• Commitment to Causes: Gain consensus on what causes mean the most to key stakeholders and continued focus on addressing key issues such as energy, human rights and disease
  • Embrace Community Spirit: Above and beyond the trend of matching employee’s charitable giving, embrace volunteering to motivate and empower employees
  • Re-evaluate Philanthropic Activities: As the year-end approaches, assess charitable contributions, accountability and impact in the community. Consider causes that can be supported deep in the communities, beyond ‘giving a check’ and aligned with stakeholders

And most importantly……………..

Stay on track

In a spiraling economy, companies and their non-profit/NGO partners need stay on the sustainability track, advance responsible business and social practices to protect and make our world a better place.

By Samantha Taylor.

-The BSR/Cone survey fact sheet can be located at
-The Volunteering in America report can be located at


A recent Ad Age article (Blame CMO Turnover on Metrics Mania) states that CMOs are facing ‘Death by Data’ due an extreme focus on metrics getting in the way of creativity and innovation which is required to maintain competitive edge.

The headlines continue to be dominated with news, ad nauseum, about abrupt CMO departures, shortening tenures, turnovers galore and now re-defining the CMO role altogether.

A study conducted by the CMO Council, confirms a perception versus reality gap exists between the expectations that CEOs have of CMOs and actual performance.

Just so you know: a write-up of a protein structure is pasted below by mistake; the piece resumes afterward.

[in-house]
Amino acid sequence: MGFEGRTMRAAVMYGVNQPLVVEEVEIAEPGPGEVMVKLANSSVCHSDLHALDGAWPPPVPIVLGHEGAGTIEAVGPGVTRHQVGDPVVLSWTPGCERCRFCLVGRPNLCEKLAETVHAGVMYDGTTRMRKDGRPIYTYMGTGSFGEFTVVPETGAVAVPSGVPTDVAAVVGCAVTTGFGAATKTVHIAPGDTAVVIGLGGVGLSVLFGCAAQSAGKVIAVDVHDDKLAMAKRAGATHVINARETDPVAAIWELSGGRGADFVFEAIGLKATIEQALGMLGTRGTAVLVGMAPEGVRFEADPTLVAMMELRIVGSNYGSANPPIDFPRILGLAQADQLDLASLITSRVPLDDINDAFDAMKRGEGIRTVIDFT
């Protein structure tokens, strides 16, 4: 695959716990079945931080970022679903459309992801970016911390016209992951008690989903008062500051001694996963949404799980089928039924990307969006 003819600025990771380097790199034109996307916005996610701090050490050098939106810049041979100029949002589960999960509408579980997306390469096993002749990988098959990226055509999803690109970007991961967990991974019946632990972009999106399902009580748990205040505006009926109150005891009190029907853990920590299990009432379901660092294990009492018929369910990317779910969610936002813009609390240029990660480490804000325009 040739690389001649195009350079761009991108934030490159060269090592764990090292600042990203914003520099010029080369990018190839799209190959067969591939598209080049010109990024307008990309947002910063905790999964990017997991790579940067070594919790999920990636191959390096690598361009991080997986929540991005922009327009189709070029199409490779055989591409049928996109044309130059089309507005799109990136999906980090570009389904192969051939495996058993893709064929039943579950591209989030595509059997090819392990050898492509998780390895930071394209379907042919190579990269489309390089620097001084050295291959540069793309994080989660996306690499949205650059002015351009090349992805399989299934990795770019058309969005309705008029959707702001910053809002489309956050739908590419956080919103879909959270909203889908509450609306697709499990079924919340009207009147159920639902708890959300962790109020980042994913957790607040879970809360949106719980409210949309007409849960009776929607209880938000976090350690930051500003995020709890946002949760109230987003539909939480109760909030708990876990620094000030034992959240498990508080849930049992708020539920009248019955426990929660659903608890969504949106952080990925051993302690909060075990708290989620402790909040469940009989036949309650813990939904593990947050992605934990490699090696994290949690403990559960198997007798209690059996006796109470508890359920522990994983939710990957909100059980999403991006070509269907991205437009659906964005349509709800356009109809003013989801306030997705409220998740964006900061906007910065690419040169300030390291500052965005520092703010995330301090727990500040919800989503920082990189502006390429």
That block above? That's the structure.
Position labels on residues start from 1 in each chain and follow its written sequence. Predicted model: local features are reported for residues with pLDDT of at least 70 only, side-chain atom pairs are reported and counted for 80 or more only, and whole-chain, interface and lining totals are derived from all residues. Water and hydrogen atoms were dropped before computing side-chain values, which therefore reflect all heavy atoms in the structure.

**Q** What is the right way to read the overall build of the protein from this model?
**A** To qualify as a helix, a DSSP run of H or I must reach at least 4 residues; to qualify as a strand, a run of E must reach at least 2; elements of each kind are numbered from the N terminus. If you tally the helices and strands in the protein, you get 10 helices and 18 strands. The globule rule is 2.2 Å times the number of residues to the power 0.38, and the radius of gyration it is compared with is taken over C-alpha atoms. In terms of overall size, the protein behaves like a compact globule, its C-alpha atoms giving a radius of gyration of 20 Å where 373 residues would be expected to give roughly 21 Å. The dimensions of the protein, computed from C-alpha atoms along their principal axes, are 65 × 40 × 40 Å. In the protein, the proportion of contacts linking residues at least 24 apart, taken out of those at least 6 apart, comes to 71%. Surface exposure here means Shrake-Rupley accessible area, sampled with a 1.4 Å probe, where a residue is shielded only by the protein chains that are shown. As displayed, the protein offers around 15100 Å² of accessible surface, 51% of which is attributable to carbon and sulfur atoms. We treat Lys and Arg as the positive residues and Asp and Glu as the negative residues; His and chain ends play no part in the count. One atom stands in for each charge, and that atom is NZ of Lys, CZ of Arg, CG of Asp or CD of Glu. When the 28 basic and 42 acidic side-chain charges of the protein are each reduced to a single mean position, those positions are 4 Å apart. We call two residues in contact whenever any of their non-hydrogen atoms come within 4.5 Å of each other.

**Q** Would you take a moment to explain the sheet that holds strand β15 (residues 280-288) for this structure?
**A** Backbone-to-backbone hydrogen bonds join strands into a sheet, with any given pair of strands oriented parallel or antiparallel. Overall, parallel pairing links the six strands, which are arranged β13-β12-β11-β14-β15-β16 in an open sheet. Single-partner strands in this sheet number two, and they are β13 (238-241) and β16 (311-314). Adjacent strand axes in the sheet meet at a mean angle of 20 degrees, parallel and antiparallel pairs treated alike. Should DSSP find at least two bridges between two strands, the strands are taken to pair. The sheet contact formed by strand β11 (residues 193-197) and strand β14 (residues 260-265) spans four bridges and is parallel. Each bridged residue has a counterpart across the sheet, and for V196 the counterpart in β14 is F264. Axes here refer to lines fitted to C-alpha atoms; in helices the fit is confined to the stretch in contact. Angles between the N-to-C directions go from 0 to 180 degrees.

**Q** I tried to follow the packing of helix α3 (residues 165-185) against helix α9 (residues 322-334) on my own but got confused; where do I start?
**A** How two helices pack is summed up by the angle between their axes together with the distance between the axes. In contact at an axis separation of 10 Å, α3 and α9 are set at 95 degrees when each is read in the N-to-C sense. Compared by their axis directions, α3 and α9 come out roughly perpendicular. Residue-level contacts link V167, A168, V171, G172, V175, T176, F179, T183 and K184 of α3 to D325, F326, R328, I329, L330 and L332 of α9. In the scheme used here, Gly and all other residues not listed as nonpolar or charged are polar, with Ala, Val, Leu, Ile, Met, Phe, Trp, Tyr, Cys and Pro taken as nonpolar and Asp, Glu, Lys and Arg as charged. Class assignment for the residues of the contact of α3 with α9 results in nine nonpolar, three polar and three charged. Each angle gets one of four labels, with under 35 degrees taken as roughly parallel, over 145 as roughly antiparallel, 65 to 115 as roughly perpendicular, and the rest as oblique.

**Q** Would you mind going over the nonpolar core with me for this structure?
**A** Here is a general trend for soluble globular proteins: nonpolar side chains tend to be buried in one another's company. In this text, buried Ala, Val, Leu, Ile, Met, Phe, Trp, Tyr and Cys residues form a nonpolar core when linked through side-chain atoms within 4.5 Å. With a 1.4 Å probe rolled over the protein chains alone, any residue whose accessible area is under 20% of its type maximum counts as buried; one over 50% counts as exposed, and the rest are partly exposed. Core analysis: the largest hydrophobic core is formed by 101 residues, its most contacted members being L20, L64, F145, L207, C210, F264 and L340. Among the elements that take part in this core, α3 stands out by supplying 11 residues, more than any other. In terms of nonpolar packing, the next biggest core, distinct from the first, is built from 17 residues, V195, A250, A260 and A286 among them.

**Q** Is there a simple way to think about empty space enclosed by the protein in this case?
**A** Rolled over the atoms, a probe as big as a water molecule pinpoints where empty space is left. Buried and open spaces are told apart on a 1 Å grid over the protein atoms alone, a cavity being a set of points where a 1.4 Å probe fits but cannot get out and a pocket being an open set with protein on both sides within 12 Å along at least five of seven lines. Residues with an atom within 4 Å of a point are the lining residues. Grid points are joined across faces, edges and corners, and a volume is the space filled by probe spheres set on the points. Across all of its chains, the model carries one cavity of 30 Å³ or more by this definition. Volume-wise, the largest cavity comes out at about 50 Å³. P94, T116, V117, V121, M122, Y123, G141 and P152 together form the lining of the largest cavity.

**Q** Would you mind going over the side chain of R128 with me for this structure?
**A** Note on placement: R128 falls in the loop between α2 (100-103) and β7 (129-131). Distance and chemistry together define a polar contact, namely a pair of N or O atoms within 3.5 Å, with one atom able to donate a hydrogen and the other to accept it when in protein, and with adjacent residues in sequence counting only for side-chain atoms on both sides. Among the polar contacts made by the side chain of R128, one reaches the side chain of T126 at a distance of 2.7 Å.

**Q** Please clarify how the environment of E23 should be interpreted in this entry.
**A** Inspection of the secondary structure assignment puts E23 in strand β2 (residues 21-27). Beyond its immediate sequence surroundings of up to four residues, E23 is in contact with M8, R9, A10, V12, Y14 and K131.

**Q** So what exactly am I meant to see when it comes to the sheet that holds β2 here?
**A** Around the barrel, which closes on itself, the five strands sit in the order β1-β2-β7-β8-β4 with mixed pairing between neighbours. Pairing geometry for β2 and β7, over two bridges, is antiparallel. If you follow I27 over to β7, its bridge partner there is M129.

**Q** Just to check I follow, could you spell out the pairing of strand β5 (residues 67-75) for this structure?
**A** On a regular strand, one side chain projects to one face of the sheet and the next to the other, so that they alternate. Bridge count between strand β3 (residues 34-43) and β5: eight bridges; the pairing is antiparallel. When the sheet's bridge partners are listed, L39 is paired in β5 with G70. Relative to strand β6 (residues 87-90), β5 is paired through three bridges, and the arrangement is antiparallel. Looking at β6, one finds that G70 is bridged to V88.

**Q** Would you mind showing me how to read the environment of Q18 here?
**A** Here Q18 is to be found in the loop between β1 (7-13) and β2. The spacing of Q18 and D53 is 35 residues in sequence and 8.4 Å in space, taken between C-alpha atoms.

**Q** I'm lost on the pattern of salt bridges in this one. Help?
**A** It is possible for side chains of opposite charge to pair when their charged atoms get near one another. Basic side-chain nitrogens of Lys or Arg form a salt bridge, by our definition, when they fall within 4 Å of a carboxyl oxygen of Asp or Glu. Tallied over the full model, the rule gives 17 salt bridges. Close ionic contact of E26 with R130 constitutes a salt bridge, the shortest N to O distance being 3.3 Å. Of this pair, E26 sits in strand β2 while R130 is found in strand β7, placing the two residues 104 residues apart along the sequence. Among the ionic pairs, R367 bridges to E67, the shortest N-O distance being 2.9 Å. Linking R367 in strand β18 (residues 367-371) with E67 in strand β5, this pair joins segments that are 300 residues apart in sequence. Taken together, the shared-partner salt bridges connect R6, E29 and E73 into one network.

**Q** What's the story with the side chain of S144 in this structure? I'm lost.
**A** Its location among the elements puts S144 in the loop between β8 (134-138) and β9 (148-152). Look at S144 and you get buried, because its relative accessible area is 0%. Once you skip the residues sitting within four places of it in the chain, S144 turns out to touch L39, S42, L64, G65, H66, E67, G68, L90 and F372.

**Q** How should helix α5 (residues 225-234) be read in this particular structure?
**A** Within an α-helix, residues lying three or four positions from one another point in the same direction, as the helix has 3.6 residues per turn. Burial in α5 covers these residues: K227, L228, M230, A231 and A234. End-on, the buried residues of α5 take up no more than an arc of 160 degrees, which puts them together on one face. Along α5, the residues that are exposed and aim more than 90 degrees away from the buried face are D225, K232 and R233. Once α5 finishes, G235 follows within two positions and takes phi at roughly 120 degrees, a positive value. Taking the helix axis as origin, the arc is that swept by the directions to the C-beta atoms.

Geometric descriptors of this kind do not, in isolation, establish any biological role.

While the good news is that CEOs still consider marketing to be a critical part of corporate strategy, two-thirds of CEOs say their top marketers don’t provide enough evidence about true performance and ROI.

Hmmm…did the CMO ever receive clarity about ‘true performance’ goals and ROI?

Today’s CMOs have a lot on their plate in our low trust environment.

Aside from presenting the numbers, they may be handling questionable ethics and business operations, brand reputation, keeping up with ‘Word-of-Mouth’ marketing and social networking, online commerce, maintaining a competitive edge, producing the next product and so on - all under the direction of a CEO who might be expecting too much and would rather keep the door closed.

Perhaps it is time for the CEO and the board to re-define their views and expectations of the CMO - fix the CMOs bruised Achilles heel.

With the Apple’s of this world leading the path of innovation, isn’t their enough to focus on and stay ahead?

After all, isn’t the CMO fundamental objective to market and sell more products/services? A few suggestions to help our CEOs and CMOs:

Functional Organization: Boards should stop creating CMO positions for the wrong reasons such as having them fix a fledging marketing organization or be a scapegoat for the reputation impaired. A Chief Ethics/Compliance Officer could be appropriate for fixing these issues and a good bridge for the CEO and CMO.

Open the Corner Office Door: Establish a better and regular dialogue between the CEO and CMO about marketing objectives, performance expectations and ROI tracking.
Focus: The customer is still king. As President and Founder of The CMO Club, Pete Krainik, recently commented, 'overcome the fact that in most companies the marketing group is not close enough to the product/service, nor close enough to the customer.' Know the product well, poll and take customer opinions seriously.
Social Responsibility: More than two-thirds of Americans say they consider a company’s business practices when deciding what to buy, according to a 2007 Cone Cause Evolution Study, and want their employers to support a social cause. Embrace the firm’s social and environmental purpose activities and integrate them holistically with business and marketing practices - top to bottom.
Stakeholder Liaisons: With customers and employees keeping track of their favorite companies and products, be sure to consistently communicate and demonstrate the value proposition.

CMOs live long and prosper.